ROME, JULY 6, 2007 (Zenit.org).- Here is a translation of a commentary by the Pontifical Household preacher, Capuchin Father Raniero Cantalamessa, on the readings from this Sunday’s liturgy.
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The Kingdom of God is at Hand!
14th Sunday in Ordinary Time
Isaiah 66:10-14c; Galatians 6:16-18; Luke 10:1-12, 17-20
Again we will comment on Sunday’s Gospel with the help of Benedict XVI’s book on Jesus. First, however, I would like to make an observation of a general nature. The criticism that has been made of the Pope’s book by some is that it sticks to what the Gospels say without taking into account the findings of modern historical research which, according to them, would lead to very different conclusions.
What we have here is a widespread idea that is nourishing a whole literature like Dan Brown’s “Da Vinci Code” and popularizing historical works based on the same presupposition.
I think that it is important to shed light on a fundamental equivocation in all of this. The idea of an historical investigation into Jesus that is unified, rectilinear, that moves unswervingly toward completely illuminating him, is a pure myth that some are trying to convince people of but which no serious historian today believes possible.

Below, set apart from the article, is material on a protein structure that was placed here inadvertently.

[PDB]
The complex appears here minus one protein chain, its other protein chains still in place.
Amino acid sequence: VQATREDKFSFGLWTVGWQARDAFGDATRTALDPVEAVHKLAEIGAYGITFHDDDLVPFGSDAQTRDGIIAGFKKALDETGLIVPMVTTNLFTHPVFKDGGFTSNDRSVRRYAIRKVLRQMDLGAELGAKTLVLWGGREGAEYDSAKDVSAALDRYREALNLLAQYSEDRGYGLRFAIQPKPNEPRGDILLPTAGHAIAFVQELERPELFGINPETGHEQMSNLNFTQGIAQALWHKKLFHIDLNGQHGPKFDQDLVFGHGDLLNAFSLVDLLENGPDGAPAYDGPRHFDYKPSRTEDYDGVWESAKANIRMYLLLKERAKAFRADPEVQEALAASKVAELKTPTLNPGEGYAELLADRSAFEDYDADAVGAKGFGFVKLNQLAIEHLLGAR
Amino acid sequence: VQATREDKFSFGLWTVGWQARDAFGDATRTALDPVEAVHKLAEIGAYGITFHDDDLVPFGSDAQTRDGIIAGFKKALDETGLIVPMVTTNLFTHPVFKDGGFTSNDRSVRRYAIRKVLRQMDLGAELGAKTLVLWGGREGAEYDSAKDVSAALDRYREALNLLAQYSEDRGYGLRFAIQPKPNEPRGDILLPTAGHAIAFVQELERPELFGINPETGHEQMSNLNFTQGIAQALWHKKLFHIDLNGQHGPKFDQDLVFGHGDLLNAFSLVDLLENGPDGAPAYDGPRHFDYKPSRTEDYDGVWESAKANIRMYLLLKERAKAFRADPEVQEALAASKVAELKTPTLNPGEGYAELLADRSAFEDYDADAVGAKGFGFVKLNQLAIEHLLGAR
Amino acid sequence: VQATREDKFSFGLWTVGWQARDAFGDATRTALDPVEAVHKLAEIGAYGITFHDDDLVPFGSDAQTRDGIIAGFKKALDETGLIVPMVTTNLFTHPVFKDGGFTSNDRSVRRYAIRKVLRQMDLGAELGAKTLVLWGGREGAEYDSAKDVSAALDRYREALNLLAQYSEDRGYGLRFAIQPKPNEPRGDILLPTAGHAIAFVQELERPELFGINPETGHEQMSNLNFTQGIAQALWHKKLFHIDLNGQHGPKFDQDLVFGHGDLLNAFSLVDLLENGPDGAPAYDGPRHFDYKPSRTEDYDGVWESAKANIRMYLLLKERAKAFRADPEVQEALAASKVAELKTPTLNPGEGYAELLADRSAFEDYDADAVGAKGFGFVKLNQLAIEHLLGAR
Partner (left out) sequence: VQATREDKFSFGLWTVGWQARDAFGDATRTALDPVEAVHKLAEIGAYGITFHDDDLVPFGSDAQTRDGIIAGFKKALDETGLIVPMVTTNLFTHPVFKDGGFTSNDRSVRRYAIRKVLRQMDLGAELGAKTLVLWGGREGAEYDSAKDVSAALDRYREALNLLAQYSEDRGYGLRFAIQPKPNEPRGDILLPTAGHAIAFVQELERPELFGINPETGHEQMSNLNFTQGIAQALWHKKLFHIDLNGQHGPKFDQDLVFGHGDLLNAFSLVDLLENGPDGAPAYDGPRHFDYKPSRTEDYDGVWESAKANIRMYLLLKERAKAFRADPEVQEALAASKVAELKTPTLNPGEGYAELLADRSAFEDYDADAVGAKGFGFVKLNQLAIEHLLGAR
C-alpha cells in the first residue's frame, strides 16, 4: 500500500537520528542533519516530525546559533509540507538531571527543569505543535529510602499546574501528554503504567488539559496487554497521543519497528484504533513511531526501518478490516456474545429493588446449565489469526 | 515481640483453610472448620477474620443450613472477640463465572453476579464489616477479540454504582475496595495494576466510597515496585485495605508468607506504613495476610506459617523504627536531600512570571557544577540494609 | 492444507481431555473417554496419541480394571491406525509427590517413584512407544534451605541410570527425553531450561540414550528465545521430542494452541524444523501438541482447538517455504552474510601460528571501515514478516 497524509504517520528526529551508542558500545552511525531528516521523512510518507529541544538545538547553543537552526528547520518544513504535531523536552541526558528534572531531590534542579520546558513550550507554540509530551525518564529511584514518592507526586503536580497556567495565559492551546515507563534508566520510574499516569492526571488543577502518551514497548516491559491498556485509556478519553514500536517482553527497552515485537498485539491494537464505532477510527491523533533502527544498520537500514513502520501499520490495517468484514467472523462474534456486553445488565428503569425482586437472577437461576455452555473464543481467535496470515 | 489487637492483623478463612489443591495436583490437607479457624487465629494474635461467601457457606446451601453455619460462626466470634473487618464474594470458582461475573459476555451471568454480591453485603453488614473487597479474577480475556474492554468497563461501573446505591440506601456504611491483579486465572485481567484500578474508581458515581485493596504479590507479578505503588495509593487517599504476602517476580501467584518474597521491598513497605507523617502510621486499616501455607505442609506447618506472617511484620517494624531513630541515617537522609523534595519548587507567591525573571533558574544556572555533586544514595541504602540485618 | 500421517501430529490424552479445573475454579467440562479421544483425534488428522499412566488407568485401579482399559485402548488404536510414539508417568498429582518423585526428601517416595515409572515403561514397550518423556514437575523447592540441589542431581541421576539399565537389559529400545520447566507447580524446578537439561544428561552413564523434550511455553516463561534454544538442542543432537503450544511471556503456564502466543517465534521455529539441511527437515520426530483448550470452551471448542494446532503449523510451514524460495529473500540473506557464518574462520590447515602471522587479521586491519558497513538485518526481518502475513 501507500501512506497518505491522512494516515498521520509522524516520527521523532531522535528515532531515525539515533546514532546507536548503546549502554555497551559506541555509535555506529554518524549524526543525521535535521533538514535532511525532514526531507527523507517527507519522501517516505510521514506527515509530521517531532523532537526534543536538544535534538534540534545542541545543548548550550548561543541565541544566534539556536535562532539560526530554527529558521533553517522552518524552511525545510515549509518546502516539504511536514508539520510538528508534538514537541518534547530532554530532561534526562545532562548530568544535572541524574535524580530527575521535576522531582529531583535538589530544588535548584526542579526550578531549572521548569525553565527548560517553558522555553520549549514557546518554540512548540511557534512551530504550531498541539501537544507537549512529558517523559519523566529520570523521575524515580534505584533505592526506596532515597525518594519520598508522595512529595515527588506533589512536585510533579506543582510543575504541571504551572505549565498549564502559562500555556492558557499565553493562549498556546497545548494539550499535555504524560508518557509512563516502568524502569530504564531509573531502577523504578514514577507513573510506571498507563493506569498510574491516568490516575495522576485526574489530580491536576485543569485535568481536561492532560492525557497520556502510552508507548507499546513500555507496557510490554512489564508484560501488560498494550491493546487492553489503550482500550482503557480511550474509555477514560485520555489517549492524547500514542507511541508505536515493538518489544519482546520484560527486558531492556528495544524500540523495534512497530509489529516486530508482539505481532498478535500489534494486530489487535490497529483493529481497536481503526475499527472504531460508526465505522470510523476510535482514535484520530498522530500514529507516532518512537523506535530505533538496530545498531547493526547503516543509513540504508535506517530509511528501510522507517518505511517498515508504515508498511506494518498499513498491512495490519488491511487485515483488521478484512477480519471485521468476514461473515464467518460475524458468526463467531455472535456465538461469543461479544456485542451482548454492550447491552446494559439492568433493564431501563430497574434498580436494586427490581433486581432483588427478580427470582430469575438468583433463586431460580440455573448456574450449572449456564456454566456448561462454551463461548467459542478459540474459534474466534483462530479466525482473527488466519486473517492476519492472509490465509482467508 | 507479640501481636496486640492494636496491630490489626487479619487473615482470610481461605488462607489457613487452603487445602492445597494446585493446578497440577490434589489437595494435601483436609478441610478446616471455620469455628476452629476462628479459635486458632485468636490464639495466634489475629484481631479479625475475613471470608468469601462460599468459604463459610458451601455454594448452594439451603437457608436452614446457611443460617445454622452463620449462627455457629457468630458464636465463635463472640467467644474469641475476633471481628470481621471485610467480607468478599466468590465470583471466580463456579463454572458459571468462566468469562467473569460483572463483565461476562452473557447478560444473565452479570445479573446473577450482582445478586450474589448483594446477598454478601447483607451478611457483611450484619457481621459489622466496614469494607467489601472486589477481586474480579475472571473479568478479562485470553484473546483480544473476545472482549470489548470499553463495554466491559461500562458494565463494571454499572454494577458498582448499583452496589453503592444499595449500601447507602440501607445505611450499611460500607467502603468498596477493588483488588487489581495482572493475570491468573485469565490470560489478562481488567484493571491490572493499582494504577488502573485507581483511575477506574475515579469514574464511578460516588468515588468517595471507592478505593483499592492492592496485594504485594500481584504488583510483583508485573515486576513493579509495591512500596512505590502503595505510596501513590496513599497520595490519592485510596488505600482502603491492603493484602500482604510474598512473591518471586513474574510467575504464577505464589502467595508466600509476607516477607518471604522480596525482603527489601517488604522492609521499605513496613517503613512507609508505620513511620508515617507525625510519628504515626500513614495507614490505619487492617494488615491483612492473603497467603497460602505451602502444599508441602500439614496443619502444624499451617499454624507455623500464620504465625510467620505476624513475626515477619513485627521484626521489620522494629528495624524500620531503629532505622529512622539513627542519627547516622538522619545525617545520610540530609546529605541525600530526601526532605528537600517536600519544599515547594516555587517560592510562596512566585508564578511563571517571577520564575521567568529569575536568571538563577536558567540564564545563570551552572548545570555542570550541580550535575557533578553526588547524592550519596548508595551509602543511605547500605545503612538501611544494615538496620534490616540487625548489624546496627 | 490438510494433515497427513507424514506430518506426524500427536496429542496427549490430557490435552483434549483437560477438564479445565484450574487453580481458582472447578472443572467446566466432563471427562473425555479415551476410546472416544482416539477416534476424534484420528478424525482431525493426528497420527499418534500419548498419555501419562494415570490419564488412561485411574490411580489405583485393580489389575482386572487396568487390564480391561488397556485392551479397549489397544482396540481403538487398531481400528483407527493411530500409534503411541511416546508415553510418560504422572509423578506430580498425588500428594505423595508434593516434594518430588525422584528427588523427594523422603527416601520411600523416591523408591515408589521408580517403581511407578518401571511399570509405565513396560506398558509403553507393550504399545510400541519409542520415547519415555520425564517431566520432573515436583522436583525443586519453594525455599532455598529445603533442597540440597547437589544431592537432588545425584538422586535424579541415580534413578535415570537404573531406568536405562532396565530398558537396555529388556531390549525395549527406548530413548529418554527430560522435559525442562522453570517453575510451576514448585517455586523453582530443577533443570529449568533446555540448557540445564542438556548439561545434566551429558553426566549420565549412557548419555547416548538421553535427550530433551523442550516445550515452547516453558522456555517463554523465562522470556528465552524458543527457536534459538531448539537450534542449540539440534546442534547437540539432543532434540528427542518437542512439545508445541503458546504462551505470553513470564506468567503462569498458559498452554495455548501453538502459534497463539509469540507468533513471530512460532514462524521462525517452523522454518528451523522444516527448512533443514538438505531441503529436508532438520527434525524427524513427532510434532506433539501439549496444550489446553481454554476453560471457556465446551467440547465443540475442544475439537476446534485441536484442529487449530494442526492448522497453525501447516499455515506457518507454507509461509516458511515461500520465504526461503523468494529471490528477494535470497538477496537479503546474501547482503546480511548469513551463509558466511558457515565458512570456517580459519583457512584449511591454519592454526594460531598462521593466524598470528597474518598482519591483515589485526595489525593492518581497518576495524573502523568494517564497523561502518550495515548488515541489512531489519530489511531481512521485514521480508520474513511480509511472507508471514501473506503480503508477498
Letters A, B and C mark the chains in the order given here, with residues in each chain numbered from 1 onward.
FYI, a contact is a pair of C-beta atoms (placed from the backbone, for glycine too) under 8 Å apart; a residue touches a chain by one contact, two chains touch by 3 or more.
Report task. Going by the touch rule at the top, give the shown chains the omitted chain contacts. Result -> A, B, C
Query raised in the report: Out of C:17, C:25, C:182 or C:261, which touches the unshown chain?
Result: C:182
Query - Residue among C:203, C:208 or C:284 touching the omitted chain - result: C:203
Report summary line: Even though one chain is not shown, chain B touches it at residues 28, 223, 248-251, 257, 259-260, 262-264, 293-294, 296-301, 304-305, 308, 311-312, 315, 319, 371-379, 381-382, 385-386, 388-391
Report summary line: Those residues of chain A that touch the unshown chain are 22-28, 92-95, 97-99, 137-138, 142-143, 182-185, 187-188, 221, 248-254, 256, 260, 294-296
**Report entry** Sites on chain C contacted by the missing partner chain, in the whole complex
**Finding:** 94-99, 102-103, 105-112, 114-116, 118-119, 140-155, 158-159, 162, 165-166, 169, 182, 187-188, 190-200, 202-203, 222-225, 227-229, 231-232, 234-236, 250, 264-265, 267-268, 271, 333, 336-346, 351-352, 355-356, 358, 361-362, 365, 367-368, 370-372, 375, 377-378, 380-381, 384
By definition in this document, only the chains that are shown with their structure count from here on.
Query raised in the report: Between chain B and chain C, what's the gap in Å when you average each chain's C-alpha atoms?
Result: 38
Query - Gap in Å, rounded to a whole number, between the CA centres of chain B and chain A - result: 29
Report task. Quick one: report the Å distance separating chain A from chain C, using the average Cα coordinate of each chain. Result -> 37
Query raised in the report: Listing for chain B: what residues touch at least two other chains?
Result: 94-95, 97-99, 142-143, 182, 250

I quote one of the more well-known representatives of historical research on Jesus, the American Paula Fredriksen: “In recent scholarship, Jesus has been imagined and presented as a type of first-century shaman figure; as a Cynic-sort of wandering wise man; as a visionary radical and social reformer preaching egalitarian ethics to the destitute; as a Galilean regionalist alienated from the elitism of Judean religious conventions (like Temple and Torah); as a champion of national liberation and, on the contrary, as its opponent and critic — on and on.
“All these figures are presented with rigorous academic argument and methodology; all are defended with appeals to the ancient data. Debate continues at a roiling pitch, and consensus — even on issues so basic as what constitutes evidence and how to construe it — seems a distant hope.”